ZUCCHINI in El País Vasco

ZUCCHINI in El País Vasco

At long last, we reach the end of the alphabet.  I swear, I never thought I’d get here when work on this project first began.  I was tempted to do Zebra (I saw it on a menu once but have never eaten it) but decided to do something really approachable, easily accessible and absolutely delicious.  ZUCCHINI!

Don’t call it a cop out, zucchini are fresh.  OK, maybe they’ve been cooked to death in the USA as the side vegetable of many, many generic restaurants.  But you know what, they’re always tasty and pretty hard to mess up.  Undercooked, overcooked, sautéed, grilled, fried, raw; I think they’re delicious and I always see the good in this summer squash.

That’s right the zuch is a summer squash, available mostly from summer to late fall but you can find it nearly year-round in warm areas.  Zucchini are crazy prolific and hearty, if you ever plant some you’ll be rewarded with BUNDLES of the fruit.  It really overproduces!  In addition, you’ll have heaps of beautiful, giant blossoms that range in color from yellow to orange and make a great addition to any dish you wish.  Most people immediately think about stuffing the flowers with cheese, battering them and deep frying them, but I also love them thrown into pasta, couscous or faro, or as an addition to frittatas, omelettes, pupusas and tacos…shoot, they’re good in everything.  I love the sensuous quality of cooking with flowers!

Look for small zucchini (or any summer squash).  They’ll have less water content and more flavor.  In addition to being tasty and easy to prepare, they are really good for you with potassium, magnesium, fiber, vitamins.  The Native Americans were really into their zucchini and grew them with two important companion plants, beans and maize.  Known as “The Three Sisters” the trio help one another grow and when eaten together create an incredibly health meal of pure protein.  Awesome!

ON TO THE SQUASH.  I rock out a great RAW pasta dish on this episode.  By taking a veggie peeler or mandoline to a zucchini you can create tagliatelle-sized strips that really are a great pasta substitute.  Healthy, raw, tasty fun.  I then got totally classic and fried zucchini in a beer batter.  Why not?  At the end of the alphabet is a pot of gold—golden beer and really hot frying oil.  My spears are phenomenal!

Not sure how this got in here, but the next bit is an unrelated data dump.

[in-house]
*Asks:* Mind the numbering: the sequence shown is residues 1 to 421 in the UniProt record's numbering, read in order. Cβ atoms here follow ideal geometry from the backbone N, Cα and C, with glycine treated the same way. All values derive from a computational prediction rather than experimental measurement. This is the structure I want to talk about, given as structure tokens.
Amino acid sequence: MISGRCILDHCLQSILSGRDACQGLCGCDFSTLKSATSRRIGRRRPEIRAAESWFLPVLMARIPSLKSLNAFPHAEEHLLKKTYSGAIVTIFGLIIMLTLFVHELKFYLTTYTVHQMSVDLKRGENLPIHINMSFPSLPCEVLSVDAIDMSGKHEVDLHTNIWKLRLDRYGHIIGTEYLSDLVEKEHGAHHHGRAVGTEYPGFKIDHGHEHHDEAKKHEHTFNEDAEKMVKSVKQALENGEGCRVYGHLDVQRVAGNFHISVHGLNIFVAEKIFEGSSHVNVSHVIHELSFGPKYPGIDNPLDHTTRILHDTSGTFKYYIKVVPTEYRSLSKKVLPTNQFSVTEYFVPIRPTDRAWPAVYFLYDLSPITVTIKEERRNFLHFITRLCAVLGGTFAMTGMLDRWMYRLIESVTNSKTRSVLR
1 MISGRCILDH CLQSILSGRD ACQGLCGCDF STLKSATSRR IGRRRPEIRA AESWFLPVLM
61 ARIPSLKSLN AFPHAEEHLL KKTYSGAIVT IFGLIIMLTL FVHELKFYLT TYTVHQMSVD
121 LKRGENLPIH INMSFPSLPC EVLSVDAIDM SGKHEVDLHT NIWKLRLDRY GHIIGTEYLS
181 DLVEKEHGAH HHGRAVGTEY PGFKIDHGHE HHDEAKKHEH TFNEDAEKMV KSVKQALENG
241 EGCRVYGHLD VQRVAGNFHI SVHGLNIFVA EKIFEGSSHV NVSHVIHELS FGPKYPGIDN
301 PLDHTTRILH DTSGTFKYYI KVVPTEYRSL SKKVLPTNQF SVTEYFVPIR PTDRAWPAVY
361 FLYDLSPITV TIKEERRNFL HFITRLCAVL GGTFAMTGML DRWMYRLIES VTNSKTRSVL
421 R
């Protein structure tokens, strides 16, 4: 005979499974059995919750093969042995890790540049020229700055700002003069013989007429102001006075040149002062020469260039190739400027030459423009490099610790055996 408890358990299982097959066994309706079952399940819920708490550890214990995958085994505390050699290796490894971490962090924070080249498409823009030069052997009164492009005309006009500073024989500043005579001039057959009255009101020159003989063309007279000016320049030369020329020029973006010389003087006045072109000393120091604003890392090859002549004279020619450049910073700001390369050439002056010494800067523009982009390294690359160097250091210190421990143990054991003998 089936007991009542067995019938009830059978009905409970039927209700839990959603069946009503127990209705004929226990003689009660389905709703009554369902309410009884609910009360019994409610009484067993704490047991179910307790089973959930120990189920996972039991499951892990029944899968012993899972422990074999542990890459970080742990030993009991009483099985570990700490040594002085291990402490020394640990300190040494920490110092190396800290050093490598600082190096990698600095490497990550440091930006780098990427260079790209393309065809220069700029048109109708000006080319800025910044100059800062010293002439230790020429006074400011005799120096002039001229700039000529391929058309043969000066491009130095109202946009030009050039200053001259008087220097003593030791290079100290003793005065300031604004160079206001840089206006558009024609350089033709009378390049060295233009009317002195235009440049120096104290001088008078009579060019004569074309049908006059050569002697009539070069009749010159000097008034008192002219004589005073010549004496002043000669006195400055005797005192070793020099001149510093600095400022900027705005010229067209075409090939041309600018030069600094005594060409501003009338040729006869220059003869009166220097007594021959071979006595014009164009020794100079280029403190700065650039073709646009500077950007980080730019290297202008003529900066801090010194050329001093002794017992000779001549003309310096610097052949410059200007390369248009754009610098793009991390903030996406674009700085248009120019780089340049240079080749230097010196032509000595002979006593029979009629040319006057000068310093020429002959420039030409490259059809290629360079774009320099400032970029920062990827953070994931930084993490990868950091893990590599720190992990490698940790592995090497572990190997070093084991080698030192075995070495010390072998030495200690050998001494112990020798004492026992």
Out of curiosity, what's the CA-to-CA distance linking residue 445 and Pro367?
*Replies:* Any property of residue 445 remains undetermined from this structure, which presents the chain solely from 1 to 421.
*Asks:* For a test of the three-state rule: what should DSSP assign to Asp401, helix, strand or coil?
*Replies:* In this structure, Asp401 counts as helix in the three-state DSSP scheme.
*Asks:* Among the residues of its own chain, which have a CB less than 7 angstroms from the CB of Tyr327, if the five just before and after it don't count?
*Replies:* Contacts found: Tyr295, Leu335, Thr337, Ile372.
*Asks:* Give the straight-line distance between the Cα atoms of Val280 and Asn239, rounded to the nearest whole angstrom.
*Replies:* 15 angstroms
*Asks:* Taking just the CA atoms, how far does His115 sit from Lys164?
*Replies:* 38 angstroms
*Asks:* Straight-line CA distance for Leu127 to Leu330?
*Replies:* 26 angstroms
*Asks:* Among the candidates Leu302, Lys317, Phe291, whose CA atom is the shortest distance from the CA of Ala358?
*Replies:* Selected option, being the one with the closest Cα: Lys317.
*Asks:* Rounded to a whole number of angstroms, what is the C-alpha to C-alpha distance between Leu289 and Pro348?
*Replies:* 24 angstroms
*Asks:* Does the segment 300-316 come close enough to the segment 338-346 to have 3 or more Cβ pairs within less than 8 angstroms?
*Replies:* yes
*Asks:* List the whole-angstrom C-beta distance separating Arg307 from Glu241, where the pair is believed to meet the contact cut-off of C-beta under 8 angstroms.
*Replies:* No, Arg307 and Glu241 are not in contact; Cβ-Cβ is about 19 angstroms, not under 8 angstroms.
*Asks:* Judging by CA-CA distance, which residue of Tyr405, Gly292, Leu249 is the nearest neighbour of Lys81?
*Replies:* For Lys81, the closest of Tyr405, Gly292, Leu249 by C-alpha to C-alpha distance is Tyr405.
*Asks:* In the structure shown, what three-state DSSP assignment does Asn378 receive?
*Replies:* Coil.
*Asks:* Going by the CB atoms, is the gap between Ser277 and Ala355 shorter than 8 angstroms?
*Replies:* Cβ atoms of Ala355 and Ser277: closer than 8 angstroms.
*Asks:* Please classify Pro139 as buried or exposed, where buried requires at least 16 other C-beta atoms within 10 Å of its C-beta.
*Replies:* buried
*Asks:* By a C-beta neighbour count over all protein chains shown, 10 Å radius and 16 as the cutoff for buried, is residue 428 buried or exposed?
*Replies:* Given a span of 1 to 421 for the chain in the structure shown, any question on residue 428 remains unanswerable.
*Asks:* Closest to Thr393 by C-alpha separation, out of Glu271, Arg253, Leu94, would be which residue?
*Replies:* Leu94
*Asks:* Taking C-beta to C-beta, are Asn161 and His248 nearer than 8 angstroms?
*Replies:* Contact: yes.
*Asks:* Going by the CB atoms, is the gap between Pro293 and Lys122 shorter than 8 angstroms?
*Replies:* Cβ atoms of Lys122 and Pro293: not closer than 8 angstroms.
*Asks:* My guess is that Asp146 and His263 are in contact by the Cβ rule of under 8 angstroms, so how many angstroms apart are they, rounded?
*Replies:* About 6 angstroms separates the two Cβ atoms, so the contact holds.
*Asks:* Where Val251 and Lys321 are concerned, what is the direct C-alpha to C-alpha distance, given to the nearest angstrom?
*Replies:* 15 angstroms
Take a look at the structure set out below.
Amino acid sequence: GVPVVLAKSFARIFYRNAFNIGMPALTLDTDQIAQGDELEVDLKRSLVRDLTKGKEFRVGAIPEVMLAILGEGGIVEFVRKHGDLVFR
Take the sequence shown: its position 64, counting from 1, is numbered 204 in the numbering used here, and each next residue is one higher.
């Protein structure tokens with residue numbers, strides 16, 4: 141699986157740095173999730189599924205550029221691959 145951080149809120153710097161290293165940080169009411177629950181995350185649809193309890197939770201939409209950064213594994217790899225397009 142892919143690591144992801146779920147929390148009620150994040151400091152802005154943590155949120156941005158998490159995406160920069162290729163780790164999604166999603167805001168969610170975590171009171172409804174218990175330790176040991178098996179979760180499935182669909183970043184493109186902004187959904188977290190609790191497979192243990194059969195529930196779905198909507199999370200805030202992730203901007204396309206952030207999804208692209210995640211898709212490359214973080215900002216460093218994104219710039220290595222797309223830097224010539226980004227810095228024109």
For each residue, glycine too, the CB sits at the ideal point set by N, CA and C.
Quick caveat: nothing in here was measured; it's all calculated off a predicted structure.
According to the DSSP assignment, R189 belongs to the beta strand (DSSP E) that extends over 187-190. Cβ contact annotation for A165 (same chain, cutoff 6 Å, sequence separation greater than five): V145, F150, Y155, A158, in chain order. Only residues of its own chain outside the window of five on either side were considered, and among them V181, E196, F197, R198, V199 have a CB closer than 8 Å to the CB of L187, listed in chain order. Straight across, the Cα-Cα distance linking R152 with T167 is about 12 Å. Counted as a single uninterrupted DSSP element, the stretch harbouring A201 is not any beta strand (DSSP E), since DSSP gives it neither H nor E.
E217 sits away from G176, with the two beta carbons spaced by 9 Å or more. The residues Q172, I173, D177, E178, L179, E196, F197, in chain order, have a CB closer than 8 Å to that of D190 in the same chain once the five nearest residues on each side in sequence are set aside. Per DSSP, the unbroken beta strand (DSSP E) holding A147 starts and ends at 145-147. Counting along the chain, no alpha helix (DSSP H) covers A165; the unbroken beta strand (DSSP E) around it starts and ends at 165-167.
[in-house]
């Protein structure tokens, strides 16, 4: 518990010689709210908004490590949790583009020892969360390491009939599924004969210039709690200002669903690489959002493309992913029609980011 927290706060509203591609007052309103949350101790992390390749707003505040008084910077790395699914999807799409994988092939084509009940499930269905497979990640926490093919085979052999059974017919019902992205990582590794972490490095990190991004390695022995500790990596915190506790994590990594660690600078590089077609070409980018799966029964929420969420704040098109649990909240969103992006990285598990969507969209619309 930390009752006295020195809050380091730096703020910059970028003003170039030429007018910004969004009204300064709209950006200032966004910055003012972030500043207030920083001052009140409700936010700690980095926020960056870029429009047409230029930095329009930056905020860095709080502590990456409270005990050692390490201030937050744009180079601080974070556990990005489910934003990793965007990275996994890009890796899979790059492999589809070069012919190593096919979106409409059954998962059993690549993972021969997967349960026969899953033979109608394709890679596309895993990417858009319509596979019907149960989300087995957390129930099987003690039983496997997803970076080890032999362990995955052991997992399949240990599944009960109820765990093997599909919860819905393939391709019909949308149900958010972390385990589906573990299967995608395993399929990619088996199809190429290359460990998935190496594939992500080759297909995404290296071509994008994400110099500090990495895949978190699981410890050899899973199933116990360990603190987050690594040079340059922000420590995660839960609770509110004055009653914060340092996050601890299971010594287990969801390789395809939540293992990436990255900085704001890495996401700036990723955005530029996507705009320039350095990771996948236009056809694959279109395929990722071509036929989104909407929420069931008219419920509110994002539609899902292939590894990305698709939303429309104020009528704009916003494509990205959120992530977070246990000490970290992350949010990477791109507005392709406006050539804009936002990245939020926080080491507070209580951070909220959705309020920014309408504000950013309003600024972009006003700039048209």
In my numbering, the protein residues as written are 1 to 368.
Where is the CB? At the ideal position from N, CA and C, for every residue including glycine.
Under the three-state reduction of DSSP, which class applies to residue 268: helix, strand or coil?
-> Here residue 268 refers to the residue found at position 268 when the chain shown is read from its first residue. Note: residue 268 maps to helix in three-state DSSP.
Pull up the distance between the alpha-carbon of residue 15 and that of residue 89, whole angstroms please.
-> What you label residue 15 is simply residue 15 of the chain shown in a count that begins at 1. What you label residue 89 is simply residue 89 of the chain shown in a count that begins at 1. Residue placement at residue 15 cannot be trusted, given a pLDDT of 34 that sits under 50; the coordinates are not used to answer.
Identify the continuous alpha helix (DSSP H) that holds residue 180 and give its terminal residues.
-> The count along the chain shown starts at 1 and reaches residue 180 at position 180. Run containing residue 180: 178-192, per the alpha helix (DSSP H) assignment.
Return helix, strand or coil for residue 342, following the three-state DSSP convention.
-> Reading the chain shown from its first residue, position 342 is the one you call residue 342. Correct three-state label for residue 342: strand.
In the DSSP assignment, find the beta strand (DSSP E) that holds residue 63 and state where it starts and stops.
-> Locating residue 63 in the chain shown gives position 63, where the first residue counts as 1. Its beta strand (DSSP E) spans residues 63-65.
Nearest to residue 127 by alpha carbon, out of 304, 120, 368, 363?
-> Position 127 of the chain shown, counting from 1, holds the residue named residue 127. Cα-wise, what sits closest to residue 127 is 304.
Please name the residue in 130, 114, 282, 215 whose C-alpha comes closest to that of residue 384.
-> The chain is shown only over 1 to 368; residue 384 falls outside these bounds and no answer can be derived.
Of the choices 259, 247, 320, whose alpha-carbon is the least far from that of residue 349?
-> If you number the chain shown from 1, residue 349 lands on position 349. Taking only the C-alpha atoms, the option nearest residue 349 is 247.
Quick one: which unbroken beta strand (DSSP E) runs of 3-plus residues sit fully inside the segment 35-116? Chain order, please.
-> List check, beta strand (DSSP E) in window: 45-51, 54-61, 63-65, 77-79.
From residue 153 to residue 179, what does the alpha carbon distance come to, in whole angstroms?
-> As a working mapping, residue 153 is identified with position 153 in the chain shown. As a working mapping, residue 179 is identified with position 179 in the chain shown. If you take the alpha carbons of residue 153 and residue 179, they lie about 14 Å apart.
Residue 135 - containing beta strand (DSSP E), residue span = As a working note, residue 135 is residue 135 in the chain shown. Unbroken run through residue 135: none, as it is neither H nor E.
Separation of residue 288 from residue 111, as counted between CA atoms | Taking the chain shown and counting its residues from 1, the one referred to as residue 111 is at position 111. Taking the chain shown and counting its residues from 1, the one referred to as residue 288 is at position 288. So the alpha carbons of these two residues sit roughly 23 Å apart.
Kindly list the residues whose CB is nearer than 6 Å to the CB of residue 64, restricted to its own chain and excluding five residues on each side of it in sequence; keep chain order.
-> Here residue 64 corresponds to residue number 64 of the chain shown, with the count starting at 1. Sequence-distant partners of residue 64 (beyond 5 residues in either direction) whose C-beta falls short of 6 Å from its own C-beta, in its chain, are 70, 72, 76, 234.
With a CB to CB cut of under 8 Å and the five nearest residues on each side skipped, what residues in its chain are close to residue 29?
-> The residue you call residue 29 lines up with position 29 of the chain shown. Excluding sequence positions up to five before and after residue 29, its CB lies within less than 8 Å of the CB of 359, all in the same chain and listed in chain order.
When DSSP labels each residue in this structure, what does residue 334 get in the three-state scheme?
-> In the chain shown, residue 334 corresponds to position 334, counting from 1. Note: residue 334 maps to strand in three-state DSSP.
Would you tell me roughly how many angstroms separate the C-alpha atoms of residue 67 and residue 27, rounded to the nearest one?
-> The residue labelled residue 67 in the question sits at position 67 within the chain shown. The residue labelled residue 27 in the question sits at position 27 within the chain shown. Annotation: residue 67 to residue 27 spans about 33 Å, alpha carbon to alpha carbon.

In a simple and fun way, the letter Z was a great shoot for me.  My neighbors Kim and Karl had an amazing amount of zucchini growing in their garden and I borrowed  a bunch of fruit for shoot.  When we wrapped for the day I ran over to their house and dropped off a ton of the fried spears and chatted about the show for a while.  It was totally in the spirit of giving and eating and growing and bonding and, well, ORGANIC A to Z.

I started ORGANIC A to Z out of curiosity.  I wanted to create a cooking show online and I wanted to blog about food and write recipes.  I had this itch, this burning desire to share my enthusiasm for food and home cooking with like-minded people.  But I wanted to take it a step further and dive deeper into the healthy world of organics.  Focusing the show on organics was a great way for me to learn more about and master this topic further.  As I jumped down the rabbit hole, I realized that going organic wasn’t always the best way to eat, in fact sometimes it made no sense at all; what’s wholesome about eating an organic apple flown half-way around the world?  I broadened my focus from being an organic advocate to a local, seasonal and organic eater.  But realize this is a personal choice, it’s what I am into.  As the show progressed I thought more and more about what I really wanted people to get out of this.  I’ve come full circle to the home kitchen.

I’m not here to preach [too much], I’m here to excite!  Get your ass in the kitchen and get cooking!  Whether you go seasonal, local, organic or not I just want you to cook!  There’s nothing, NOTHING, better in the world than home cooked meals.  This is the epitome of love, health and sustenance.  Family food is so amazingly important and precious and it must be preserved.  There’s really only one way to do that, cook and eat it!  So ask your parents and grandparents for their recipes, go hit the markets and get cooking.  At least one day a week, stand up to the fast-paced, prepackaged society we dwell in; cook a meal from scratch and eat it with people you love!

Hopefully I’ve given you some inspiration.  My recipes and show ideas are nothing fancy or overly complicated, anyone can do them and they’re all [as I say over and over on the show] totally delicious.  Be brave and bold, don’t worry about perfection and go ahead an make mistakes, it’s all good!  Have some organic adventures of your own in your home.  Just keep cooking!

Thank you so much for joining me on this alphabetical journey.  I wish you much love, much sustenance and many, many tasty eats!